I believe the main factor contributing to the large quantity of our tomatoes having cracks is the 3 days of heavy rainfall we had following deep irrigation of the beds. Our irrigation has been somewhat erratic this year which has also resulted in poor leaf formation so this has probably exacerbated the cracking.

How we will try to prevent cracking or reduce the problem of cracking  

1. Had we harvested the day before the heavy rain was forecast we could have saved a large percentage of the crop.

2. Proper water management i.e not over irrigating and watering at fixed intervals and increasing or decreasing quantities as needed.

3. Having a diversity of cultivars reduced the complete loss of a marketable crop.

4. Pick the split tomatoes early and use for canning, ketchup/sauces or dried tomatoes. These products can be marketed in the winter. We also picked a lot of green tomatoes and will see how they ripen in the sun, otherwise these can be used in pickles and chutneys.

5.Removing cracked fruit early also has the added benefit of not allowing the fungal and mold organisms to build up in your beds.


Grower Solutions Magazine - Lefroy Valley April 2002
The Royal Horticultural Society Pests and Diseases - 1997

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The planting season is coming around.
Our Bio-Nursery offers an excellent range of plants for forest gardens and permaculture.

Plants for forest gardens and permaculture

Sunday, 16 August 2015

C4 Plants

What are C4 plants?

Basically they are plants that undertake photosynthesis in a different way enabling them to continue to grow during hot and dry conditions. To better understand this lets quickly recap on photosynthesis.

All plants require carbon dioxide from the atmosphere in order for photosynthesis to occur and plants obtain this carbon dioxide via tiny openings on the underside of the plant leaf, these tiny openings are called stomata. The stomata also provide the exit of H2O from the plant.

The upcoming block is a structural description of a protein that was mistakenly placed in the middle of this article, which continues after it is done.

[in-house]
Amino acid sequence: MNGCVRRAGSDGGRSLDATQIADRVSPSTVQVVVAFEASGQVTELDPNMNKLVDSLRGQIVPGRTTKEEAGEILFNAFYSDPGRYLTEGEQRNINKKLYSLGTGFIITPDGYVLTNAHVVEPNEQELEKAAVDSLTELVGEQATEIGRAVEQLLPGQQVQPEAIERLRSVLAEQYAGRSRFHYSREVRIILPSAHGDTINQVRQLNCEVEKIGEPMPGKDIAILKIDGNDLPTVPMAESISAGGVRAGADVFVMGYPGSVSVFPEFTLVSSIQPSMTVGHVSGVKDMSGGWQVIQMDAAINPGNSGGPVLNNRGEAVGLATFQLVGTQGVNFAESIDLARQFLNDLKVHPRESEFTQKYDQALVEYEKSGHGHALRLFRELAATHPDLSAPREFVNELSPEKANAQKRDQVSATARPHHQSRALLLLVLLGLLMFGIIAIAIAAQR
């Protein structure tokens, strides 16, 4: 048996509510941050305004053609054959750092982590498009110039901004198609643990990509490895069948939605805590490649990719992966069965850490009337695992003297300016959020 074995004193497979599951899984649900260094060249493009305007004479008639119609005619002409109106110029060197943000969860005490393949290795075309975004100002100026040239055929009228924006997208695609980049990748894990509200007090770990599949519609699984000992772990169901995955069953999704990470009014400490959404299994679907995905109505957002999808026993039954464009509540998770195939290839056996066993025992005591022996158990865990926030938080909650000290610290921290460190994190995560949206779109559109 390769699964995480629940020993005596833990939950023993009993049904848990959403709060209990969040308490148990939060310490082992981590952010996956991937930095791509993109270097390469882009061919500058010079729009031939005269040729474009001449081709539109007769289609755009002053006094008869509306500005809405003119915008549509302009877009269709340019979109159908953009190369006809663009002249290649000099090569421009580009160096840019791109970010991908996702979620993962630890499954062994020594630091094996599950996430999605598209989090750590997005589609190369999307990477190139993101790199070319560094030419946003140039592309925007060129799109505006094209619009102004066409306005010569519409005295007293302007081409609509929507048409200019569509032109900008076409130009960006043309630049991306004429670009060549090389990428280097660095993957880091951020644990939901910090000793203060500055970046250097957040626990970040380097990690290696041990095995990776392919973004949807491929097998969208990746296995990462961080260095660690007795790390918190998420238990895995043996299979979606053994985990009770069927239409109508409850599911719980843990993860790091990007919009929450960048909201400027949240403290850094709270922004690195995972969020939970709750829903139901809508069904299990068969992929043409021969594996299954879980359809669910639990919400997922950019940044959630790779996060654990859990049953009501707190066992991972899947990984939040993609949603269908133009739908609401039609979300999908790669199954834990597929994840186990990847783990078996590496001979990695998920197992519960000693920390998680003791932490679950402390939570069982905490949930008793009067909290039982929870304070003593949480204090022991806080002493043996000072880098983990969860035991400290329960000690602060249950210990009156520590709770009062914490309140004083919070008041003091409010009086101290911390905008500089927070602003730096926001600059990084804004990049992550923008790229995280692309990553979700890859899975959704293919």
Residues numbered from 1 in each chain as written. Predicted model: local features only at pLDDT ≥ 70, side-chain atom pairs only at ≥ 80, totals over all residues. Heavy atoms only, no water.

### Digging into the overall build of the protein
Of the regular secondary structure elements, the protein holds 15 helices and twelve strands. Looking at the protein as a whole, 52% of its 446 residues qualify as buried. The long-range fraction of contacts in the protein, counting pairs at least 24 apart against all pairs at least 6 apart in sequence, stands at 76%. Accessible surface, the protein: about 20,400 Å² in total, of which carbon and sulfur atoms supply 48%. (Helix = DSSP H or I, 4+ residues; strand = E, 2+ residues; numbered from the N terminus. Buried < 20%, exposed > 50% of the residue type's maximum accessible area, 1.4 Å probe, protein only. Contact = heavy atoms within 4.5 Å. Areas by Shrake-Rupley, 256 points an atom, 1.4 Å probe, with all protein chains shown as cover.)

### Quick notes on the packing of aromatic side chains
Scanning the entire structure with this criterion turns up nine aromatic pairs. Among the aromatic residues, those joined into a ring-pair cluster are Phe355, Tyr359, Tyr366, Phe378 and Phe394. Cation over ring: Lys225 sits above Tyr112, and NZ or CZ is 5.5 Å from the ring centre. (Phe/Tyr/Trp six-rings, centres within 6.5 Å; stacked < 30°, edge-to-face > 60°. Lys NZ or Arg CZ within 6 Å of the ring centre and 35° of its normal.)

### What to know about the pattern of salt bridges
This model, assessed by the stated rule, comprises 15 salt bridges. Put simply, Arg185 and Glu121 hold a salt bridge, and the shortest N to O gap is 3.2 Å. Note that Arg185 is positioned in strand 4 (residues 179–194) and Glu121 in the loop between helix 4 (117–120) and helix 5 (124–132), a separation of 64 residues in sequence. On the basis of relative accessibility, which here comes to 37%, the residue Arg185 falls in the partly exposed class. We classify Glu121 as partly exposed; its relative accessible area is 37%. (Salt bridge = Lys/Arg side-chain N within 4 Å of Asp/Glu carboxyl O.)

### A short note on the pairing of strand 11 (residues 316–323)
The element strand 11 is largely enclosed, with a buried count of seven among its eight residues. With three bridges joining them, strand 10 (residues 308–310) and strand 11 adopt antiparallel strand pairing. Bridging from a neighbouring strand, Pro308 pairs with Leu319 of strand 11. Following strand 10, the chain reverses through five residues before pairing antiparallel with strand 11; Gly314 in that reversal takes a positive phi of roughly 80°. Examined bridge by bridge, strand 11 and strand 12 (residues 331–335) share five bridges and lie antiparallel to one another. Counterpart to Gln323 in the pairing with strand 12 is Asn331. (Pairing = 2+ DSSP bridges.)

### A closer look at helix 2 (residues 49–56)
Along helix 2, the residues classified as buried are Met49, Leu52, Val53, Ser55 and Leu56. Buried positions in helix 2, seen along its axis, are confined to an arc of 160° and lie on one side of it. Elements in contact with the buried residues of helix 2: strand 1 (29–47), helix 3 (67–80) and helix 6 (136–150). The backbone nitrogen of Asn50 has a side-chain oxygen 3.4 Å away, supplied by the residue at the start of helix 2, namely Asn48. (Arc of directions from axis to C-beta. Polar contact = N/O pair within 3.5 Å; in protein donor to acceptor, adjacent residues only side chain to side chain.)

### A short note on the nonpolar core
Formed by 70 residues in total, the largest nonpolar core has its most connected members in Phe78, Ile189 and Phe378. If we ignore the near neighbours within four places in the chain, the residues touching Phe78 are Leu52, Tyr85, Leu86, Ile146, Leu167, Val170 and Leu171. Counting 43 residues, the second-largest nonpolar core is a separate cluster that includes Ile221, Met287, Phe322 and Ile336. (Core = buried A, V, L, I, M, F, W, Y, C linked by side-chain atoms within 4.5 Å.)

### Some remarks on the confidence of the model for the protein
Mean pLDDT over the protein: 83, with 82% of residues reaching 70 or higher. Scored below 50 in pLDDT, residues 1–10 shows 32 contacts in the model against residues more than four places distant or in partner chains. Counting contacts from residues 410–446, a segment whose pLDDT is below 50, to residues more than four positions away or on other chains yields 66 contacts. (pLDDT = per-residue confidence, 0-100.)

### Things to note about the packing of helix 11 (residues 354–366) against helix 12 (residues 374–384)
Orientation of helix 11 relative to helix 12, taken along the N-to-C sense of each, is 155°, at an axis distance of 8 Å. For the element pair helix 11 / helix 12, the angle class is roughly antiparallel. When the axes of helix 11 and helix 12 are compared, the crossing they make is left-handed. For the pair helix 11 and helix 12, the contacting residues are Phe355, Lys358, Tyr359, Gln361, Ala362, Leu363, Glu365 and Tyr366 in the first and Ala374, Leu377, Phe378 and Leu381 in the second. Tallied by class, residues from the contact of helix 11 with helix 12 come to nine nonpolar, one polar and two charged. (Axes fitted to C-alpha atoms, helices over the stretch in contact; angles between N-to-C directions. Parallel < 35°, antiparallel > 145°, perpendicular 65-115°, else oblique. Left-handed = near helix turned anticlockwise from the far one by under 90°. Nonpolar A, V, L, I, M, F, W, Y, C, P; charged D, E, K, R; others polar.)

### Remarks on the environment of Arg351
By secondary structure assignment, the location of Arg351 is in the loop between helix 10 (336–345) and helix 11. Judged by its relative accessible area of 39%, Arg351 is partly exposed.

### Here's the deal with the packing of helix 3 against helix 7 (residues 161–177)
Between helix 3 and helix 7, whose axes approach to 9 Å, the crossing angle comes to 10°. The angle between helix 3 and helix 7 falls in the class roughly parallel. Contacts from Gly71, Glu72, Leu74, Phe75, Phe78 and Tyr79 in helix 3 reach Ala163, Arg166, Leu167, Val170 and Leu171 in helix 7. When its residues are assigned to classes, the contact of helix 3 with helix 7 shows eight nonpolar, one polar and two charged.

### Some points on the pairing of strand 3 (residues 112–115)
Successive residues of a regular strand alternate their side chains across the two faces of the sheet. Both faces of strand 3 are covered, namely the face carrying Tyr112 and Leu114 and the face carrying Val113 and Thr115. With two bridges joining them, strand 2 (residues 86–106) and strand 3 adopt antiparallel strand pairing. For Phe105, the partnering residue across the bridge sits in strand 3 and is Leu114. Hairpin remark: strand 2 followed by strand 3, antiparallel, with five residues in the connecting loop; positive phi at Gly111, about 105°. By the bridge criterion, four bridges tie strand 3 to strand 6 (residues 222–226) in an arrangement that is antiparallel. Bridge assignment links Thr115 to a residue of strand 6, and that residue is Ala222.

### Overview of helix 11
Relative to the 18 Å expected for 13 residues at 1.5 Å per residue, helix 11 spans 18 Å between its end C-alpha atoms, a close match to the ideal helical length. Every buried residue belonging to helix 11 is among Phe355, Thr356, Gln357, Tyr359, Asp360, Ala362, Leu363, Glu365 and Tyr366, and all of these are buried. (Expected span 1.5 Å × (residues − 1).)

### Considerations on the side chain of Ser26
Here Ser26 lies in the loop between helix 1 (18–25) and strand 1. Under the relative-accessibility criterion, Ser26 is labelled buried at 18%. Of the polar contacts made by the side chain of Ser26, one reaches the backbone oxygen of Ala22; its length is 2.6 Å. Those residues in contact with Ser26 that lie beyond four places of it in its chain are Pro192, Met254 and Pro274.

When soil water resources are low small openings usually on the underside of the leaves called the stomata close to reduce the loss of water from the plant. This also reduces the incoming carbon dioxide as plants absorb CO2 through these same stomata. Without C02 plants cannot photosynthesis and growth halts.  When a plant is wilting it has reached this point.
Some plants have adapted to overcome this and one particular group of grasses and tropical plants, the C4 plants,  are able to close stomatal pores in order to reduce water loss whilst still obtaining carbon dioxide thereby maintaining photosynthesis in hot and dry conditions.

C4 Plants, Examples, and C4 Families

They are found only in the angiosperms with about 8,000 members in 17 families equivalent to about 3% of all land plants. Combined, the grasses (family Poaceae or Gramineae) and sedges (family Cyperaceae) comprise roughly 79% of the total number of C4 species (Simpson 2010).

Examples of C4 species are the economically important crops corn or maize (Zea mays), sugarcane (Saccharum officinarum), sorghum (Sorghum bicolor), and millets.

Other examples include, couch or bermuda grass (Cynodon dactylon), barnyard grass (Echinocloa spp.), goosegrass (Eleusine indica), Johnson grass (Sorghum halepense), cogon (Imperata cylindrica), common purslane or alusiman (Portulaca oleracea), crabgrass (Digitaria sanguinalis), several species of pigweed (Amaranthus spp.), carabao grass (Paspalum conjugatum), itchgrass (Rottboellia exaltata), and Russian thistle or tumbleweed (Salsola kali) (Llewellyn 2000; Moore et al. 2003).

We are working on a model to use these plants to produce seed free biomass for mulching an establishing forest farm. See here for more on that.

We offer a range of plants and seeds for permaculture and forest gardens from our plant nursery including a new range of fruit and nut cultivars well suited to natural gardens. Delivery to all over Europe available from Nov - March